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The autonomic nervous system (ANS) is involved in the regulation of physiologic and homeostatic parameters relating particularly to the visceral organs and the co-ordination of physiological responses to threat. Blood pressure and heart rate, respiration, pupillomotor reactivity, sexual function, gastrointestinal secretions and motility, and urine storage and micturition are all under a degree of ANS control. Furthermore, there is close integration between the ANS and other neural functions such as emotion and cognition, and thus brain regions that are known to be important for autonomic control are also implicated in emotional functions. In this review we explore the role of the central ANS in the control of the bladder, and the implications of this for bladder dysfunction in diseases of the ANS.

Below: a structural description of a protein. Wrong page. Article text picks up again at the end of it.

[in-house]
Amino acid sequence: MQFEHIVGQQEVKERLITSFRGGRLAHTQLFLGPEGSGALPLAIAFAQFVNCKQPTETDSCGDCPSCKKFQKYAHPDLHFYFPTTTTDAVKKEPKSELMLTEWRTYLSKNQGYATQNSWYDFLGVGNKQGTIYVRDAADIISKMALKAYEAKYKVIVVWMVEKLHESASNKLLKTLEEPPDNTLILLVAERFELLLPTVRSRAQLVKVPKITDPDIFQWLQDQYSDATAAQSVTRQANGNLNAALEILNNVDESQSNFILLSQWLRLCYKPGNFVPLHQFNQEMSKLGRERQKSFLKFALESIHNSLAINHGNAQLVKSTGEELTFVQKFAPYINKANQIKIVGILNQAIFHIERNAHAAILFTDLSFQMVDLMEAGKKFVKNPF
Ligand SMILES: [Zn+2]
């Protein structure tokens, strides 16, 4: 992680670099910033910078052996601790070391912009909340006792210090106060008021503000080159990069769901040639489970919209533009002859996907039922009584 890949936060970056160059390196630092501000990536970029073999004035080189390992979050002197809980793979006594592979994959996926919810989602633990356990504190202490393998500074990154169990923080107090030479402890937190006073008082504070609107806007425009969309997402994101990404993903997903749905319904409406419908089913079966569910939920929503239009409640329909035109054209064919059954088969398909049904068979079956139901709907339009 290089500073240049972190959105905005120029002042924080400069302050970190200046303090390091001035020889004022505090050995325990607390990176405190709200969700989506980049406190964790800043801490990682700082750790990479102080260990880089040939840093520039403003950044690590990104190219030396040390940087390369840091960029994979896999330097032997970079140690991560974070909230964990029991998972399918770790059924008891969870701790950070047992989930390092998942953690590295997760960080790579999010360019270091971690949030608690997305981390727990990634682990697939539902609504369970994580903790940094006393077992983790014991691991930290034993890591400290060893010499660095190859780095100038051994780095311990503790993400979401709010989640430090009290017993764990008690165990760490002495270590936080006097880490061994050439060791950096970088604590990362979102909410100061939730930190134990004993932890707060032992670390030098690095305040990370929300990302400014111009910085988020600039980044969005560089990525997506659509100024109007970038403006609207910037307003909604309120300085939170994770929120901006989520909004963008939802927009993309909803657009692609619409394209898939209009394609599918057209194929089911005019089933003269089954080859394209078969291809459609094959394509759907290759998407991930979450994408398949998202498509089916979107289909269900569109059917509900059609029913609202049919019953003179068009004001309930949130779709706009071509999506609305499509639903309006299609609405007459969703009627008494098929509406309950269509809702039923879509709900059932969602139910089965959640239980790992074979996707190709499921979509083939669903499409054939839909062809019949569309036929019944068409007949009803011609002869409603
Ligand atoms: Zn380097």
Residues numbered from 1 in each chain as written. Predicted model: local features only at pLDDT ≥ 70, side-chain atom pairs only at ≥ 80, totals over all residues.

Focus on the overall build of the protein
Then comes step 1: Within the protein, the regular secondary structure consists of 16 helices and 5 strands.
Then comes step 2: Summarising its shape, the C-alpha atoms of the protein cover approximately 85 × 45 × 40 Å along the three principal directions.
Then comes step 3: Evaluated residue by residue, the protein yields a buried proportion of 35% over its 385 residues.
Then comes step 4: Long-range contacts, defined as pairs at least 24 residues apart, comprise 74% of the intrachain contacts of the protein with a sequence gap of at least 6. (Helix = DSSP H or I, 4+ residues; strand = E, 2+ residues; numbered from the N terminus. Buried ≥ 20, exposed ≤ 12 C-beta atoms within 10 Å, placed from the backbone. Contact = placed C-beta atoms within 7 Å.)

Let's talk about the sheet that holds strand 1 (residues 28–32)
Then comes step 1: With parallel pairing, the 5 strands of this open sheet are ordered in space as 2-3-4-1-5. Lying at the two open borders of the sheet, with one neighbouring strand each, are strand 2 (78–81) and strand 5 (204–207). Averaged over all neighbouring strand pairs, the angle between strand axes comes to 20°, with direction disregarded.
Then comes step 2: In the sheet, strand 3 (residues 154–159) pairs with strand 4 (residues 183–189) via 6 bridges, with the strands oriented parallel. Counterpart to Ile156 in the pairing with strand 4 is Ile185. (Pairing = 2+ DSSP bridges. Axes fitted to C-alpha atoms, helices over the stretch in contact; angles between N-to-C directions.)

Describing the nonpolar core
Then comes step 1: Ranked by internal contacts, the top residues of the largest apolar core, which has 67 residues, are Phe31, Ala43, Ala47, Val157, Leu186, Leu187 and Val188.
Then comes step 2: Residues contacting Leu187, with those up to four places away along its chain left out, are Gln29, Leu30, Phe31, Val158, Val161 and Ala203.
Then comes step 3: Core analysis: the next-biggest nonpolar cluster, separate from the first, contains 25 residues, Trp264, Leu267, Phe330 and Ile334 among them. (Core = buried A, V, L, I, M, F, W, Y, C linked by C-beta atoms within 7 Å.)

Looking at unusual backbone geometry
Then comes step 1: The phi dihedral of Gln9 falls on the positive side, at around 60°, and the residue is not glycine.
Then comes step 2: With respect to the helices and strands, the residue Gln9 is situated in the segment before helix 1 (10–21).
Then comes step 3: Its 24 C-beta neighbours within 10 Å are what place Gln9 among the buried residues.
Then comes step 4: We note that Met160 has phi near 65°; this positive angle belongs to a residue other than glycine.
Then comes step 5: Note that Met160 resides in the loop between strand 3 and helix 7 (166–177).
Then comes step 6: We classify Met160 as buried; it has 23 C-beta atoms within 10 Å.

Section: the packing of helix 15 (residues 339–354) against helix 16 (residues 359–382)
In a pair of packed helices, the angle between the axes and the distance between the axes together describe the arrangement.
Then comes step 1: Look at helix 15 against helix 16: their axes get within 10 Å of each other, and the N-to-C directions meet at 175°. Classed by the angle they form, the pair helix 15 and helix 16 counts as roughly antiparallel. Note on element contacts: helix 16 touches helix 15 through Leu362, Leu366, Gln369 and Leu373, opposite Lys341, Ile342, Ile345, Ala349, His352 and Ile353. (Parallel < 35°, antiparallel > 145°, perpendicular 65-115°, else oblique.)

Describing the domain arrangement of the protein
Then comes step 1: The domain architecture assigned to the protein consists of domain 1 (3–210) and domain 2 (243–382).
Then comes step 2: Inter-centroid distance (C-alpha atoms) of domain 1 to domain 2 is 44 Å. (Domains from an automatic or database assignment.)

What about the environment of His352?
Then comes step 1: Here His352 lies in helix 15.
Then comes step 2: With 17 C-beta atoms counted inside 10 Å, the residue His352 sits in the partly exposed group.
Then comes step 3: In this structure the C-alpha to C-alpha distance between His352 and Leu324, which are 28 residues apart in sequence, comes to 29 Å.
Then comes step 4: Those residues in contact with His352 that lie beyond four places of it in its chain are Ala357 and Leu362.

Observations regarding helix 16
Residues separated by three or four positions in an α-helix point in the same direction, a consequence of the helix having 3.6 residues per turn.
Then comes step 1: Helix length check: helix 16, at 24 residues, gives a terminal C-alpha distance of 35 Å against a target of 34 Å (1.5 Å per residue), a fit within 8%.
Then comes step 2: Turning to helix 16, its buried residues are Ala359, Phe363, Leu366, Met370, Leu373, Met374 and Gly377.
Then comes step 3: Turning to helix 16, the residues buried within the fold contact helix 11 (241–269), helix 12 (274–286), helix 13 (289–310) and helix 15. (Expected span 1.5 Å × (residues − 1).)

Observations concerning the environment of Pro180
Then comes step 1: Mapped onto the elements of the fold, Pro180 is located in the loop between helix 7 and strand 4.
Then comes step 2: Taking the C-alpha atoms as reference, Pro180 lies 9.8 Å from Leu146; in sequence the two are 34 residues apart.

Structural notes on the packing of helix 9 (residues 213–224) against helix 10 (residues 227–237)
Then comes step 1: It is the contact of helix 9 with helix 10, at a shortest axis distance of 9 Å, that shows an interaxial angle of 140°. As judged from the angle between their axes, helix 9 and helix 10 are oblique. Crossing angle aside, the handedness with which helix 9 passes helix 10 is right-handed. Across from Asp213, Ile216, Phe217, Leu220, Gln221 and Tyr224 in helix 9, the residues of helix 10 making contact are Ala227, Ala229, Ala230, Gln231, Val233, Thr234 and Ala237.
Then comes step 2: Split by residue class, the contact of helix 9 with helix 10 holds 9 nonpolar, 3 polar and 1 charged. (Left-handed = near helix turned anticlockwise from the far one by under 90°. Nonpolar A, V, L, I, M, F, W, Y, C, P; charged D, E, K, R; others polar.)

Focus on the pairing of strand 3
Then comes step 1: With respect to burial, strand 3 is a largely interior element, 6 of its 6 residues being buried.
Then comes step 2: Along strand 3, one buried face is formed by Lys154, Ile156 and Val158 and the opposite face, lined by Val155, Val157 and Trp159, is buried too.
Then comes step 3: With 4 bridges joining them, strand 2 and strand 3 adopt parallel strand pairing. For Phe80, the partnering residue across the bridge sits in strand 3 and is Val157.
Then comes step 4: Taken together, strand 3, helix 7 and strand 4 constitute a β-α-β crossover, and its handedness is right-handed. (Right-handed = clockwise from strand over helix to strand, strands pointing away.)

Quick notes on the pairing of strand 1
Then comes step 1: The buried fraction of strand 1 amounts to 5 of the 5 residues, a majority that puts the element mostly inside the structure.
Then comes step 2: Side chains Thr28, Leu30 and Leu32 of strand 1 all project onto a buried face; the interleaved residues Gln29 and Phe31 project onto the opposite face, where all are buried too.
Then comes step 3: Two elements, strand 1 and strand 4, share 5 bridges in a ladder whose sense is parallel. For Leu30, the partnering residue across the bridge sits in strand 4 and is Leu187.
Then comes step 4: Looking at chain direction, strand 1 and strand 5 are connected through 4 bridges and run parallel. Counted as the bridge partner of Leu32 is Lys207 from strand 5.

Original publication




Journal article


Front Neurosci

Publication Date





Parkinson’s disease, autonomic, bladder, multiple system atrophy, periaquecductal gray